I think politicians have always been corrupt, and the media have always been publishing lies in service of the 0.1%. The difference is that, with the Internet, it’s been possible to publish information that demonstrates that they are lying or corrupt, so more people are aware that is the case.

        1. Screwball

          What else ended ~50 years ago, back in the good old days of the US?

          Let’s see, 2022 – 50 = 1972. Nixon Shock (1971). From Wiki;

          A negative balance of payments, growing public debt incurred by the Vietnam War and Great Society programs, and monetary inflation by the Federal Reserve caused the dollar to become increasingly overvalued.[47] The drain on U.S. gold reserves culminated with the London Gold Pool collapse in March 1968.[48] By 1970, the U.S. had seen its gold coverage deteriorate from 55% to 22%. This, in the view of neoclassical economists, represented the point where holders of the dollar had lost faith in the ability of the U.S. to cut budget and trade deficits.

          In 1971 more and more dollars were being printed in Washington, then being pumped overseas, to pay for government expenditure on the military and social programs. In the first six months of 1971, assets for $22 billion fled the U.S. In response, on 15 August 1971, Nixon issued Executive Order 11615 pursuant to the Economic Stabilization Act of 1970, unilaterally imposing 90-day wage and price controls, a 10% import surcharge, and most importantly “closed the gold window”, making the dollar inconvertible to gold directly, except on the open market. Unusually, this decision was made without consulting members of the international monetary system or even his own State Department, and was soon dubbed the Nixon Shock.

          No matter what one thinks about finance and money, this was a turning point in history.

          1. Mildred Montana

            To juanholio and Screwball and Laughingsong:

            As a 70-year-old I am constantly on guard against the temptation of “old-fartism”, as fresno dan puts it above. I know it is a common failing of older people to think that things were better “back then”. But, quite frankly, as a student of US history, I think fifty years ago they were.

            Things were by no means perfect in the early 70’s (they never are) but they were nowhere near as bad as today. Back then, the watch-dog media did its job to a lesser or greater extent, civil rights were an issue (thank you, LBJ), President Nixon sought rapprochement with China, the Federal Reserve and the markets were ?????? (again, to a lesser or greater extent), politicians were well-off but not millionaires or billionaires.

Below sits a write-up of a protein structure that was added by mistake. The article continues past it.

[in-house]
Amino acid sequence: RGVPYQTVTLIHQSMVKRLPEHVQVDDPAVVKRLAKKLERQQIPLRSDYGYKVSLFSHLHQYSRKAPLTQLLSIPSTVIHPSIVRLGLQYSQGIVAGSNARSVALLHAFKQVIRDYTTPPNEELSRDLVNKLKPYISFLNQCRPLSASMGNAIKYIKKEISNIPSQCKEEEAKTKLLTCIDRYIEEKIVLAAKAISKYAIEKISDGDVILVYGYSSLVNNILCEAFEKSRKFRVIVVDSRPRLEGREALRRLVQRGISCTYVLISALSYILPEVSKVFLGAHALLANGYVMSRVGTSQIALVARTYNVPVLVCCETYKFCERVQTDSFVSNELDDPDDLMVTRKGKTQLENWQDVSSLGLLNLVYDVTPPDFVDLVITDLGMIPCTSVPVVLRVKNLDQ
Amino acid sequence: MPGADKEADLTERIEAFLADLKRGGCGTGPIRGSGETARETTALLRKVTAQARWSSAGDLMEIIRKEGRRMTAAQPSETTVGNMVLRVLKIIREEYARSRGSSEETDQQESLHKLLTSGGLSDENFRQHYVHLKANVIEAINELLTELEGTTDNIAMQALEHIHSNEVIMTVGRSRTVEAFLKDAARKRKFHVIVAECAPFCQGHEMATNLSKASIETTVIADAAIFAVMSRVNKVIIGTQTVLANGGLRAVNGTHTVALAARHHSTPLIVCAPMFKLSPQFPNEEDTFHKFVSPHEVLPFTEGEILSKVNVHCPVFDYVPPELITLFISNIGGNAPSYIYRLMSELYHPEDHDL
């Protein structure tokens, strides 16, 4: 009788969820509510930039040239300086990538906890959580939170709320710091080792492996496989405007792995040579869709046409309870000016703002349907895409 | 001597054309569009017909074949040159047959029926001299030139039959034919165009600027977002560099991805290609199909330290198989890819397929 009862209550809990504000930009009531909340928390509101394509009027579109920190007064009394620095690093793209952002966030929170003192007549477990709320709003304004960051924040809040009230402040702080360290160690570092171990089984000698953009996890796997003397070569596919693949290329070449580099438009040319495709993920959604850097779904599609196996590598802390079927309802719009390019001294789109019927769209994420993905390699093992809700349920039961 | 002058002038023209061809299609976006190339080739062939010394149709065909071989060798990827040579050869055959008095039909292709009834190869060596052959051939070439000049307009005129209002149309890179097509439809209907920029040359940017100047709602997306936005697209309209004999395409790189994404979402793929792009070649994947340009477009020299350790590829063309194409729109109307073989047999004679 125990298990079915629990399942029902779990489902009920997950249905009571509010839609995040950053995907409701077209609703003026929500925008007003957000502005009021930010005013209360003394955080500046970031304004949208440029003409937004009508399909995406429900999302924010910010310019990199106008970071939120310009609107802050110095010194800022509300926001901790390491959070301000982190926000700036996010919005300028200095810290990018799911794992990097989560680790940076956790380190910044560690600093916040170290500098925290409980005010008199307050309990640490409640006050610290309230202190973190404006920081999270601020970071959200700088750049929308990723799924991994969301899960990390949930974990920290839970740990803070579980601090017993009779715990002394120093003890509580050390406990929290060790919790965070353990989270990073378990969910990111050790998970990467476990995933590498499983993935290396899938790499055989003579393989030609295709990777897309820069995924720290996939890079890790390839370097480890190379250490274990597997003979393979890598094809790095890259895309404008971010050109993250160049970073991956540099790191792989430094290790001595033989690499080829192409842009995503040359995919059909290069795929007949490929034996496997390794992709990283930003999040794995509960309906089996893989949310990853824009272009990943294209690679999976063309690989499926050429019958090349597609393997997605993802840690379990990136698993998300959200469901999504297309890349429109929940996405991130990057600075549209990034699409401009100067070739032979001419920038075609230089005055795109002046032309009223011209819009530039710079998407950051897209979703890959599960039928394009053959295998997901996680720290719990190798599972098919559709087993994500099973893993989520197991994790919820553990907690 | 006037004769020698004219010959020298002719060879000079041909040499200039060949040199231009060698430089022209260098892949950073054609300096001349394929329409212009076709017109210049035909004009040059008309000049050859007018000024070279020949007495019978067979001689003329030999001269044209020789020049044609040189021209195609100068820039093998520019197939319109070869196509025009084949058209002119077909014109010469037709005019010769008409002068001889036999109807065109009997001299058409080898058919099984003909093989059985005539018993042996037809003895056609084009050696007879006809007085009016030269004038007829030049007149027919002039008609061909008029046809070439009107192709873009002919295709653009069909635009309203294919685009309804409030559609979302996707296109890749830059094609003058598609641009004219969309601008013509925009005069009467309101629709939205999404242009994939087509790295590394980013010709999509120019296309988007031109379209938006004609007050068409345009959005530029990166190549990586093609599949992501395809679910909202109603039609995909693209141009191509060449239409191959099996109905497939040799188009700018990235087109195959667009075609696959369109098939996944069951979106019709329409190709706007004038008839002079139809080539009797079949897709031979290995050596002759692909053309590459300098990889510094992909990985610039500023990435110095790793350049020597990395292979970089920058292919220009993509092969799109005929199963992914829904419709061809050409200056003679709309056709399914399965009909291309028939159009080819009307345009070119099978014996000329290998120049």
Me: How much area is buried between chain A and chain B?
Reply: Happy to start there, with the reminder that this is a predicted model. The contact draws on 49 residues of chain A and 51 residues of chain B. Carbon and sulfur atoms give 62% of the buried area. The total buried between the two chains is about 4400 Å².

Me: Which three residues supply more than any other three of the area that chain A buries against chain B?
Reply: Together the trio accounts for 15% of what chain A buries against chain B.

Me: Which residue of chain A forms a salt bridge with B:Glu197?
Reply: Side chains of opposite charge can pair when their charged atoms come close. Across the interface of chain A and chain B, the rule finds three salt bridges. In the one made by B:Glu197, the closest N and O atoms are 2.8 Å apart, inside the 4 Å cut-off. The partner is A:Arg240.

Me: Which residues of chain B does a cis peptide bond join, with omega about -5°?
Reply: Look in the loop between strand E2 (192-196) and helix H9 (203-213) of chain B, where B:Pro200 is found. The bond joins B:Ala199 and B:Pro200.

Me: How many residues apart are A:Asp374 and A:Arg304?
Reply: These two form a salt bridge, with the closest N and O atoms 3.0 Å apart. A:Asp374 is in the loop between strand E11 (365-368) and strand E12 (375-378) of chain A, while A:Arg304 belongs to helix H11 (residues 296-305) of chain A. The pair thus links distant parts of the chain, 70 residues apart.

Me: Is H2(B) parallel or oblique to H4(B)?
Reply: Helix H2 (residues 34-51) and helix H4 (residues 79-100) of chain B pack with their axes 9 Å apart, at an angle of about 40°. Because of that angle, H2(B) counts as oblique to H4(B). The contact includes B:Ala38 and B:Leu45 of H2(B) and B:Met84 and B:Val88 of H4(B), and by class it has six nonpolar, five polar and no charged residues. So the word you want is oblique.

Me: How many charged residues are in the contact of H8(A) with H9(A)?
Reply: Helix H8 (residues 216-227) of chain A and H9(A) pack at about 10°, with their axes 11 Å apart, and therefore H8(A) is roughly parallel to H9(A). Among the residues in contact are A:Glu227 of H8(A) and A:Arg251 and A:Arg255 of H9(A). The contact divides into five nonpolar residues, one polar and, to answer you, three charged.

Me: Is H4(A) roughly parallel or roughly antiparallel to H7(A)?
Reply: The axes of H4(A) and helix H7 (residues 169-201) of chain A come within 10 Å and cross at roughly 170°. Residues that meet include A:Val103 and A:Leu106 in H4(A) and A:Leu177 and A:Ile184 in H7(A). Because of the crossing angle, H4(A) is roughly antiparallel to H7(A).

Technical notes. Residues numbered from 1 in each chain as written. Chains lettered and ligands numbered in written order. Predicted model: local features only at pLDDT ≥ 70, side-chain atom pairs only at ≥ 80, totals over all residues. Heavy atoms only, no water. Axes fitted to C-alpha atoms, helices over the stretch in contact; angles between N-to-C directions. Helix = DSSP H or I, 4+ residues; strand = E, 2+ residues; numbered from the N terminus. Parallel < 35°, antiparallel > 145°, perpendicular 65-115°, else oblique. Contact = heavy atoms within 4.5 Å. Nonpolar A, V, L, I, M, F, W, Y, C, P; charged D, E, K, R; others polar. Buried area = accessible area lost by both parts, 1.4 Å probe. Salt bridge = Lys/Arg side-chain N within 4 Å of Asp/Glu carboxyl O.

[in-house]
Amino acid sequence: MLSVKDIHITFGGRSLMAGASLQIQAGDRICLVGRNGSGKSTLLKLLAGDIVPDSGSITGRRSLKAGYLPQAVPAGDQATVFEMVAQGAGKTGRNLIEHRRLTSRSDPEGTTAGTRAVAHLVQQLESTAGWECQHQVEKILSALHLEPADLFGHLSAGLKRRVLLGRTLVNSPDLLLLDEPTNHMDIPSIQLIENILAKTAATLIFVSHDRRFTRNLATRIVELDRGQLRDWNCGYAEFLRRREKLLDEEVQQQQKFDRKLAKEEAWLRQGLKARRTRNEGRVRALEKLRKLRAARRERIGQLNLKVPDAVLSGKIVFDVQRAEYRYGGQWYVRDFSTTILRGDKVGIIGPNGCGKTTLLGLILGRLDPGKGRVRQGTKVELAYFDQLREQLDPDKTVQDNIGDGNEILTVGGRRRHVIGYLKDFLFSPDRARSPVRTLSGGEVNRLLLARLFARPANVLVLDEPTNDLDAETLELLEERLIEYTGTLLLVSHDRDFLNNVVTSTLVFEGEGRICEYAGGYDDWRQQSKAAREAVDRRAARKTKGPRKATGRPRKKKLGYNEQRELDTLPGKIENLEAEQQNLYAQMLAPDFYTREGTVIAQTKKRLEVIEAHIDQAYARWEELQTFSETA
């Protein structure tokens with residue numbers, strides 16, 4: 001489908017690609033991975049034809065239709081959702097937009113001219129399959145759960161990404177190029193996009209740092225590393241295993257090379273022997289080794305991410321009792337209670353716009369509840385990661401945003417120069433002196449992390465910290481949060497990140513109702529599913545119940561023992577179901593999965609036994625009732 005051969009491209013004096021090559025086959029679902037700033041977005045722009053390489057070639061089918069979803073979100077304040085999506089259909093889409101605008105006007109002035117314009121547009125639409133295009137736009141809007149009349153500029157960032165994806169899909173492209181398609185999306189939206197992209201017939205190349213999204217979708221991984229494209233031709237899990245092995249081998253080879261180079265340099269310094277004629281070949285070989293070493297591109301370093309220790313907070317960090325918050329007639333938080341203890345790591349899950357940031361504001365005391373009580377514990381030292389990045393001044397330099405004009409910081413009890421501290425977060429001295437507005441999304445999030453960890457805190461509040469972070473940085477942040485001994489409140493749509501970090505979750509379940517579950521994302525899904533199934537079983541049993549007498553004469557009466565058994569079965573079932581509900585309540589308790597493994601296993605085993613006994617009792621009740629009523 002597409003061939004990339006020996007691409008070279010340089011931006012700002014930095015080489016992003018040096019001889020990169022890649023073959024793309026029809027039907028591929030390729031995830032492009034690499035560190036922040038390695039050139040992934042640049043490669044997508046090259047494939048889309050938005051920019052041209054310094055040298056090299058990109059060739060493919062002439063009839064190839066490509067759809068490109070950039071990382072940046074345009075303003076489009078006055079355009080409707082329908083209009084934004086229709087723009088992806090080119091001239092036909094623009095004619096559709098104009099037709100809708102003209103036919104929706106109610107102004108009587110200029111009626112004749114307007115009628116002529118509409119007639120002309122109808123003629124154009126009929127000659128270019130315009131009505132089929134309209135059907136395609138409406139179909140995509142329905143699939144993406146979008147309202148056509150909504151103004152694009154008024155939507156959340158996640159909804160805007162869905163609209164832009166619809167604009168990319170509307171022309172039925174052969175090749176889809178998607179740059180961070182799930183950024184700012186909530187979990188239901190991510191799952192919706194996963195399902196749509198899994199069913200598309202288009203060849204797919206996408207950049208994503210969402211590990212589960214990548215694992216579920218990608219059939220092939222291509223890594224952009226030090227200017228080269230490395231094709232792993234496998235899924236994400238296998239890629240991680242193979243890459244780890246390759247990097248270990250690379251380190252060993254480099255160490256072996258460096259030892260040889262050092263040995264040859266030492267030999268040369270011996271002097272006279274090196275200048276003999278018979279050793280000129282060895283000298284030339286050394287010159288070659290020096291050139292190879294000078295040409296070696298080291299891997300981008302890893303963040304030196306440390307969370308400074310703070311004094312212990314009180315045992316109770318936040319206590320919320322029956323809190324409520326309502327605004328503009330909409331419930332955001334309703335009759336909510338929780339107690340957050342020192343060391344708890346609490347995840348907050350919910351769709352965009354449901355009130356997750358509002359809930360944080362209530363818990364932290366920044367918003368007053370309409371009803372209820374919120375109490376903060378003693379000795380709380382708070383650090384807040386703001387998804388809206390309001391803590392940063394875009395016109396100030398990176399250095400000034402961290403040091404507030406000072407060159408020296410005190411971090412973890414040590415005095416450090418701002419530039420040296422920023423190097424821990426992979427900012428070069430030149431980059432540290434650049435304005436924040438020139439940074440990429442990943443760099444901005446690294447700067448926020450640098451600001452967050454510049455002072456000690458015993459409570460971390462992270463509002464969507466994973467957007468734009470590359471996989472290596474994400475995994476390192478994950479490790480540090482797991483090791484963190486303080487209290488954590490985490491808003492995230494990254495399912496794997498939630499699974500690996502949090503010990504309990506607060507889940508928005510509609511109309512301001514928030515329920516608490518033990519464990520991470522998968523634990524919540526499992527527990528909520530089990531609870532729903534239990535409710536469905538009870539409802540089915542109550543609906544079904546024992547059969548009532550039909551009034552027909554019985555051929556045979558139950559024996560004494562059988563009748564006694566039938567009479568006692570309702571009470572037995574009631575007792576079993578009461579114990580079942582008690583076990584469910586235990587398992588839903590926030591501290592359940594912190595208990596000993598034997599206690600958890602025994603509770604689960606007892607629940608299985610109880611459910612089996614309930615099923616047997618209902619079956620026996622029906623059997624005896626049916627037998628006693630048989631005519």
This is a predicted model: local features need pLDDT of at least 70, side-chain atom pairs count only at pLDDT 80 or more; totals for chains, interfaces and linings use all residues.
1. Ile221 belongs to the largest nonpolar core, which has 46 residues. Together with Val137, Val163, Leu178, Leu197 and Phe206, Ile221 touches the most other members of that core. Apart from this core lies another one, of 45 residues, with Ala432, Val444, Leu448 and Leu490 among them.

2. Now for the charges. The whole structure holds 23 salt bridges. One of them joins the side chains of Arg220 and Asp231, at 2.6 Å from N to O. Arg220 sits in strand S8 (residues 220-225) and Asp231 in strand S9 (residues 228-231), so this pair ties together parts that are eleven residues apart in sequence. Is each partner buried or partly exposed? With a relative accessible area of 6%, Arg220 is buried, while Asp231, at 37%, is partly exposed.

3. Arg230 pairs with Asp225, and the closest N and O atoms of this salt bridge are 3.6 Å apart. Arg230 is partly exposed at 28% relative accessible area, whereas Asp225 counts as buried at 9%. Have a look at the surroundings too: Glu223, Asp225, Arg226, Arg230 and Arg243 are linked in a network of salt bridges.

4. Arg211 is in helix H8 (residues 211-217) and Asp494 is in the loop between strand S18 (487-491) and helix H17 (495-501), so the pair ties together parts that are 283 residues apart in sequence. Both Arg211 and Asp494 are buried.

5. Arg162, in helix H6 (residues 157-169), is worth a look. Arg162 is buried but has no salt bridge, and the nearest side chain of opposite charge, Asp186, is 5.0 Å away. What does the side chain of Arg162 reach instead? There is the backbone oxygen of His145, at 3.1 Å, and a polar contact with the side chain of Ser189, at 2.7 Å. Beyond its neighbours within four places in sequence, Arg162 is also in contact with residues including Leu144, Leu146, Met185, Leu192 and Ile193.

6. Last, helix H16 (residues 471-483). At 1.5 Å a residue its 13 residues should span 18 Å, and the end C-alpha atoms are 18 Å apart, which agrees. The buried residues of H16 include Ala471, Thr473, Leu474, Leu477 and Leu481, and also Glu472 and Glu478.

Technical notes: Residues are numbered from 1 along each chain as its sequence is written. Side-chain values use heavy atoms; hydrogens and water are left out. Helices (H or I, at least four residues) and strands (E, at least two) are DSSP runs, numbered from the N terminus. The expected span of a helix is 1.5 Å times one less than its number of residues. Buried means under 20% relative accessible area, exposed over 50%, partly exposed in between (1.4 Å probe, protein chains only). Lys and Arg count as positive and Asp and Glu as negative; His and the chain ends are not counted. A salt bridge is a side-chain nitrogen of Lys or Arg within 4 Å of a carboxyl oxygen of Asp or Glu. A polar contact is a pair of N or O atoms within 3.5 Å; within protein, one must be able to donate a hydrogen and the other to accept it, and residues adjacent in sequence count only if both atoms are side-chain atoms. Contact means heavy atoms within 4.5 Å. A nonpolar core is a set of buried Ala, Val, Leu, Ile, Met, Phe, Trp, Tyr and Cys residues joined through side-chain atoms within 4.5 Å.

Today? Voters seeking truth are bombarded with lies, lies, lies, day after day, with media complicity. A pathological liar by the name of Donald John Trump was elected President in 2016, lost in 2020, and has been perpetuating The Big Lie ever since, that the 2020 election was stolen. Meanwhile, GOP states seek to restrict voting rights.

            I hold that this would never have happened fifty years ago. To the charge of old-fartism, I plead not guilty.

            1. jsn

              And there existed an organized left that could get LBJ to sign the Civil Rights Bills and intimidate Nixon into signing the EPA into law.

              If that left hadn’t been crushed by Nixon’s FBI and Carter’s Fed, it would be a different world, we were even on the path to addressing climate change back then.

    2. Dr. John Carpenter

      “IMHO, the democratic party is waaaaay more invested and involved in thwarting any investigation of her than the repubs were in 1972”

      I think one reason is that Tricky Dick was paranoid and fairly insular and, if by design or by luck, the Clintons brought a lot more people to the party. I think the Dems would have a much harder time selling it being a few “bad apples” as lot more hands are dirty.

    3. Bonita

      I am an Obama, Bernie Sanders, Tulsi Gabbard voter and small donor.

      Tucker Carlson is the closest thing out there to the Democratic Party I once knew. The rest of Fox is junk. One can view him on youtube.

    4. Ed Miller

      Re: Clinton campaign paid got infiltrate Trump Tower

      In the Nixon days the press was not in bed with the Republicans. One could say we that back then had some semblance of a free press, but that is long gone. The difference in press coverage/investigation is “clarifying” as Lambert often says on other topics. Today newspeak is clearly insider spokespersons rather than critical examiners of insiders.

      Upton Sinclair seems to have known in advance everything we accept these days.

  20. Michael Hudson

    Regarding face masks, here in Queens (the “immigrant borough” of New York City), there were no face masks until a few days ago. Nothing at the local CVS, etc.
    Friends in Manhattan tell me something very interesting: LOOK AT THE EXPIRATION DATE. Most expired in 2020, the rest in 2021.
    That means that back in spring 202 when Walenski etc. said, “Don’t wear face masks. We need them for emergency health workers,” there were millions of masks available. But first Trump’s and then Biden’s CDC people just sat on them, telling people not wear them.
    It reminds me of heirs to trust funds, who are afraid to “touch the capital” and live in penury, self-imposed.
    Have ANY NC readers received NON-expired N 95s?

    1. Chuck Harris

      About one month ago I bought 2 boxes of 20 N95’s directly from 3M for $21 per box. The use by date is 08/2026.